Keeping a child home from school for “cognitive rest” after a concussion may do more harm than good, a study suggests. The analysis, in the journal JAMA Network Open, shows an association between an early return to school post-concussion and reduced symptoms for most children and teens.

In reviewing the cases of 1,630 5- to 18-year-olds in Canada diagnosed with concussions between August 2013 and September 2014, researchers found that about half of them adhered to current guidance that suggests children should receive “cognitive rest” and return to school gradually following a head injury. The other half returned to school earlier than the average for their age group, missing zero to two days of school on average. Older kids missed more school on average than younger ones.

Researchers followed up with the children one week, two weeks and four weeks after the injury. They graded them on the Post-Concussion Symptom Inventory, an assessment that measures symptoms such as headache, nausea, dizziness and other issues reported following head injuries.

When the researchers compared the scores of kids who returned to school earlier with those who didn’t, they found that an early return was associated with fewer symptoms in 8- to 12-year-olds and teenagers two weeks after the injury.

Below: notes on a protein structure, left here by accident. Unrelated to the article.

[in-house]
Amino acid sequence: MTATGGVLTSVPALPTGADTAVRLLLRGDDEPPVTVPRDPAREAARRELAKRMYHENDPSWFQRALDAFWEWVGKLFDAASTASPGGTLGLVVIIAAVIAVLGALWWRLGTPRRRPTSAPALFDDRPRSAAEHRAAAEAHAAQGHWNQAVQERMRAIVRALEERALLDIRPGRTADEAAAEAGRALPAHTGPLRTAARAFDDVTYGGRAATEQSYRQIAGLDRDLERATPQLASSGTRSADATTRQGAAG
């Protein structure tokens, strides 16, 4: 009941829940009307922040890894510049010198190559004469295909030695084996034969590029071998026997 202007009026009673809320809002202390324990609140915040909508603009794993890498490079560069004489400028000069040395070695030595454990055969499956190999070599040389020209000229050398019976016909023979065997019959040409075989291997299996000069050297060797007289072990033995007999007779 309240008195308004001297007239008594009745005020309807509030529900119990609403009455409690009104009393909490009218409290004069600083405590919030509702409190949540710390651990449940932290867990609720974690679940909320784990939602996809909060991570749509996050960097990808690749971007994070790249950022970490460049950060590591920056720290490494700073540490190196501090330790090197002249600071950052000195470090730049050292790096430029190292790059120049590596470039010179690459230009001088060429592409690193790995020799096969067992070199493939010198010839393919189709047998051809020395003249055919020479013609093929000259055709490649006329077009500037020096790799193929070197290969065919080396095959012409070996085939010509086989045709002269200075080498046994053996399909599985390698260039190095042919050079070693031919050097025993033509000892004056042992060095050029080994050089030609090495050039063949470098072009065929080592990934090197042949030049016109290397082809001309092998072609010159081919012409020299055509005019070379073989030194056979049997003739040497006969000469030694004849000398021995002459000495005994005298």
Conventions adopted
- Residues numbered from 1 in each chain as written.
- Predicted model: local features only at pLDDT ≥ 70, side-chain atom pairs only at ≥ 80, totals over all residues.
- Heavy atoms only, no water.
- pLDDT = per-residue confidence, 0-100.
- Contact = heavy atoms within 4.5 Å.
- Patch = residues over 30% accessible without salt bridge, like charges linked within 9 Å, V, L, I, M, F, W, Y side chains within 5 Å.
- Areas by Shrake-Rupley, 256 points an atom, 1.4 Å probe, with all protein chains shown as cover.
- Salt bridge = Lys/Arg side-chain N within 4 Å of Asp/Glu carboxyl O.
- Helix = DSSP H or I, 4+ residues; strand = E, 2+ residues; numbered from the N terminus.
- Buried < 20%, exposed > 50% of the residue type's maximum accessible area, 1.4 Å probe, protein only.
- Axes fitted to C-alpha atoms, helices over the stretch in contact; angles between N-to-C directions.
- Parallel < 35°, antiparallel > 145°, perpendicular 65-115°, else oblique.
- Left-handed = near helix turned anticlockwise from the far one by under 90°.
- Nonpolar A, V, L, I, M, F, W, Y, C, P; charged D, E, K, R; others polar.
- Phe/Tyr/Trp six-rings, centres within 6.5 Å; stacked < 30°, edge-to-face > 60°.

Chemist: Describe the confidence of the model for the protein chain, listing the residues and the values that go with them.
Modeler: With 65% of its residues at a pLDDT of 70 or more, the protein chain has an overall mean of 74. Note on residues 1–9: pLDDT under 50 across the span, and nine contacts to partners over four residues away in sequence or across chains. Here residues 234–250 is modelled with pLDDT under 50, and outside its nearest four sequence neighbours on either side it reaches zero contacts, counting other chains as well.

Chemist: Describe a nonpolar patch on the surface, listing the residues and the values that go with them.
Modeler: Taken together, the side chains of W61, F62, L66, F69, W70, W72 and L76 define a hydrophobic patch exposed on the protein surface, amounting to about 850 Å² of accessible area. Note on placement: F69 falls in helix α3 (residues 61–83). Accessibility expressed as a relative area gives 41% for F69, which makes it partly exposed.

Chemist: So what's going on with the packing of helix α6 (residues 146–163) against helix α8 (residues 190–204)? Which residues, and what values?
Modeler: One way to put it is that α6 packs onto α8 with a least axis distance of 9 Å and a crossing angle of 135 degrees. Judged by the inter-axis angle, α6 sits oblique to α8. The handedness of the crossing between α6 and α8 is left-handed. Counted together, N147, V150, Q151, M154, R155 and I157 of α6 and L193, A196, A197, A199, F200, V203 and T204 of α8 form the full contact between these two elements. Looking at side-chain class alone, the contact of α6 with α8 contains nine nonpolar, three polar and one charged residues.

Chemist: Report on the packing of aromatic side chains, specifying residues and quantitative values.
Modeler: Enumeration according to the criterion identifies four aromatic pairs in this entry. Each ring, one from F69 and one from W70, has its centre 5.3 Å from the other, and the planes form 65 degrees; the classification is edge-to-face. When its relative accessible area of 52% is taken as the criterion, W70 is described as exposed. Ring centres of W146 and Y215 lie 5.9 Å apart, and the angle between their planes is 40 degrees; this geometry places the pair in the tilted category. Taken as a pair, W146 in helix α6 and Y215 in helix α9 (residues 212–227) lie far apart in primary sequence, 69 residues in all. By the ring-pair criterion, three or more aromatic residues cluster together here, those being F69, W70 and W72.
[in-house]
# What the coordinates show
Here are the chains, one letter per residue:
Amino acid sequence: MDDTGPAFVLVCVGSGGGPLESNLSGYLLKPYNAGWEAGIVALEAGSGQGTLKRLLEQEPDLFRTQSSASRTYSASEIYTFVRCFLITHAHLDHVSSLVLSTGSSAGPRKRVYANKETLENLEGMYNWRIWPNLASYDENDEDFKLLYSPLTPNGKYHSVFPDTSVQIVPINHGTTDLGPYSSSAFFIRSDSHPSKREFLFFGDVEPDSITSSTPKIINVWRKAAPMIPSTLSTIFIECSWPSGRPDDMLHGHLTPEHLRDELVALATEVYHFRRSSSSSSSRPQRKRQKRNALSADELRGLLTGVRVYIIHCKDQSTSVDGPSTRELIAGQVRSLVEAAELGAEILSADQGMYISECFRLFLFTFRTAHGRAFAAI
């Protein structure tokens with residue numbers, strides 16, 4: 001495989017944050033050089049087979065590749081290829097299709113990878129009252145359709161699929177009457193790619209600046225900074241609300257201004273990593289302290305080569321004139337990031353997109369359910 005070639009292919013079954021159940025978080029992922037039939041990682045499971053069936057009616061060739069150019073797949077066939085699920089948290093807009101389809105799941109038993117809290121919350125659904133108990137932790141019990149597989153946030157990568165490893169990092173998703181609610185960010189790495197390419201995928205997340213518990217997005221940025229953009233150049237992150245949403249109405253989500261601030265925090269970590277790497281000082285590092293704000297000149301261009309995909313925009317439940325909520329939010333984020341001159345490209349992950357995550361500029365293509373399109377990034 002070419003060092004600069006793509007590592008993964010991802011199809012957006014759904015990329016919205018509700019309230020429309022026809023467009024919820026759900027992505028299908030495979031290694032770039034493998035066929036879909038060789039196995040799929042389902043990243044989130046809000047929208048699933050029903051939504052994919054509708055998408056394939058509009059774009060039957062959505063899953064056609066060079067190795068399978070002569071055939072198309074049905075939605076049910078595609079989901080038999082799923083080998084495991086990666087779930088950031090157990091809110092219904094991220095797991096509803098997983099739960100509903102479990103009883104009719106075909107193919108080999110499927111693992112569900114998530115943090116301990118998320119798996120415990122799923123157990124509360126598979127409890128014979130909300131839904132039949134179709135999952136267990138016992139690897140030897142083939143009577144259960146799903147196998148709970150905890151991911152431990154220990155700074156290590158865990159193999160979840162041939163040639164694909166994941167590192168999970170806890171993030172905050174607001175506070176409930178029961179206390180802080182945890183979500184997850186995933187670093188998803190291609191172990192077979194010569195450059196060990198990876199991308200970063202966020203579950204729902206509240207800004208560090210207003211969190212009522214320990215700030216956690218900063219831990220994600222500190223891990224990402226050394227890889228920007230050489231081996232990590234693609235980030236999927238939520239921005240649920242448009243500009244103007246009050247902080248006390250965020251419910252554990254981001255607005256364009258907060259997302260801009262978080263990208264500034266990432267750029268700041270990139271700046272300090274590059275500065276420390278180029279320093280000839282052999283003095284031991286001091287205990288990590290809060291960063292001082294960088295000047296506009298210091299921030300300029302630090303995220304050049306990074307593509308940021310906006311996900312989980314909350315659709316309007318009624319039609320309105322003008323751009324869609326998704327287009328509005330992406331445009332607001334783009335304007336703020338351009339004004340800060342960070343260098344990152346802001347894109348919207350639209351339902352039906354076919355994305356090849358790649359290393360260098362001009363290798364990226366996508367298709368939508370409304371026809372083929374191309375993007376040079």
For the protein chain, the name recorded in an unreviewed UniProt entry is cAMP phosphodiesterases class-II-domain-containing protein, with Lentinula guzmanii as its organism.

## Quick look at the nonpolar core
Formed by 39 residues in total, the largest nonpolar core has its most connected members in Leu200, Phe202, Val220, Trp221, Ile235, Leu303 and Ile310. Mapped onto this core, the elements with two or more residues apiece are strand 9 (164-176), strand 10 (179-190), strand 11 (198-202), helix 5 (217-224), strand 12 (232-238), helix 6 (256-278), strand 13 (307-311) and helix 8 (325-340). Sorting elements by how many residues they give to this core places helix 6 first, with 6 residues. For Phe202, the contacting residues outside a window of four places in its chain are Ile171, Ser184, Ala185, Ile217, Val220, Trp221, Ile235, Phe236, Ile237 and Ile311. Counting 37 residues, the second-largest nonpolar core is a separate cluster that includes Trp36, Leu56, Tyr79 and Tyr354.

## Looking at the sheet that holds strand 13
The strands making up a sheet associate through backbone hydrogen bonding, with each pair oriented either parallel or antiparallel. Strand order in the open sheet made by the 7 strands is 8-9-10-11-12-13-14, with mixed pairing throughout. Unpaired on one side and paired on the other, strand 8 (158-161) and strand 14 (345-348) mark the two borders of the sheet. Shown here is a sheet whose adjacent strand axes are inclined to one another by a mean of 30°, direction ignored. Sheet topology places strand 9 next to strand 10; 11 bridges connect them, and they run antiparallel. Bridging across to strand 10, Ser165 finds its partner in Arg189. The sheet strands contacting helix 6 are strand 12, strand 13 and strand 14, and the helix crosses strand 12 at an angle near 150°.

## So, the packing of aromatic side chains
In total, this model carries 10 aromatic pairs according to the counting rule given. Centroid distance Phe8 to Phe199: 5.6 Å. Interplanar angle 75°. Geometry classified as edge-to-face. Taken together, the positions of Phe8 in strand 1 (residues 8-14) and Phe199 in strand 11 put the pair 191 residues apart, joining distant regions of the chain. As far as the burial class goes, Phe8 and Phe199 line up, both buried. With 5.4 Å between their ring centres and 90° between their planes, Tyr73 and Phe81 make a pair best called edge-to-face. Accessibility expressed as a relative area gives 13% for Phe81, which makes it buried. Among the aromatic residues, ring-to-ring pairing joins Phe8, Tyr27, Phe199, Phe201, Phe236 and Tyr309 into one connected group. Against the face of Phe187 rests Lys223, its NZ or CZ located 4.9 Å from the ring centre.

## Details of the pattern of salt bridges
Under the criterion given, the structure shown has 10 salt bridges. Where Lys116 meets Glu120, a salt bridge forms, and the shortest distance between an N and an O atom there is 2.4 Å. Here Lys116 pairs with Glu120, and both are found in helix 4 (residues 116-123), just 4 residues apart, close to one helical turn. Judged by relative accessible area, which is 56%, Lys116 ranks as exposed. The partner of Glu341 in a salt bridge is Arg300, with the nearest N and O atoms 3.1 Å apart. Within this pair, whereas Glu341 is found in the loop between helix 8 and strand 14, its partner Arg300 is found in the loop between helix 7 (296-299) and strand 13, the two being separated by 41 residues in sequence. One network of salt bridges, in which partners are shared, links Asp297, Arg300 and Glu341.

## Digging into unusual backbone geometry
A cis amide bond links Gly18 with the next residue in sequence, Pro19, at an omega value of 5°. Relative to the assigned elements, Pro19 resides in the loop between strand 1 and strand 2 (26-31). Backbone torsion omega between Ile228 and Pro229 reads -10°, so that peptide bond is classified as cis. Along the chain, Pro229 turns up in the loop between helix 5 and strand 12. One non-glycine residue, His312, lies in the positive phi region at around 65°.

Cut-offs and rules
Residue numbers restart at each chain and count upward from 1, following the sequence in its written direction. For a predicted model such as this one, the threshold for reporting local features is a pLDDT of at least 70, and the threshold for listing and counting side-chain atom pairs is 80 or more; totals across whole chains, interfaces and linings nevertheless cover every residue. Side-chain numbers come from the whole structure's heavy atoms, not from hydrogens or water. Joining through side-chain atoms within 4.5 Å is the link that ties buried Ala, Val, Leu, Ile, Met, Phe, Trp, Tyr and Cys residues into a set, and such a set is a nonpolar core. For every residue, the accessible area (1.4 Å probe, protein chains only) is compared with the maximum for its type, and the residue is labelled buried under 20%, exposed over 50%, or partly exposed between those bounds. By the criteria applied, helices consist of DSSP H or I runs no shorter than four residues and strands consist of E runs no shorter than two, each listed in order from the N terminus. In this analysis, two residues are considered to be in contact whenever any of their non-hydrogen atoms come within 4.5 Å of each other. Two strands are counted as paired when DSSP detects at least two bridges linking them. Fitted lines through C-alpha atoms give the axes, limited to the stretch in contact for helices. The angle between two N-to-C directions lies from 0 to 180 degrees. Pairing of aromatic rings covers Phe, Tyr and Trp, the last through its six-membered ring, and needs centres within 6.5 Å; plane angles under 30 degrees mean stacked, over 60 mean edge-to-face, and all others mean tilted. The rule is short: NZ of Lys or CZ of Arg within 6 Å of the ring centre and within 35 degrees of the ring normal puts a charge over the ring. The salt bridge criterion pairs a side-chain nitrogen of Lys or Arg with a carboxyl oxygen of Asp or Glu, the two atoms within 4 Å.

A quicker return to school “may directly or indirectly promote faster recovery” for kids in that age group, the researchers write — perhaps due to social factors, reduced stress from missing less school, or adherence to existing routines and physical activity levels.

Current guidance by the Centers for Disease Control and Prevention suggests cognitive rest may be necessary for kids in the first days after a concussion and recommends a gradual increase of activity. But the authors of those guidelines — and of the current study — acknowledge that more research is needed.

“Clinicians can now confidently inform families that missing at least some school after a concussion is common, often between 2 and 5 days, with older kids typically missing more school,” said Christopher Vaughan, a pediatric neuropsychologist at Children’s National Hospital and the study’s lead author, in a news release. “But the earlier a child can return to school with good symptom management strategies and with appropriate academic supports, the better that we think that their recovery will be.”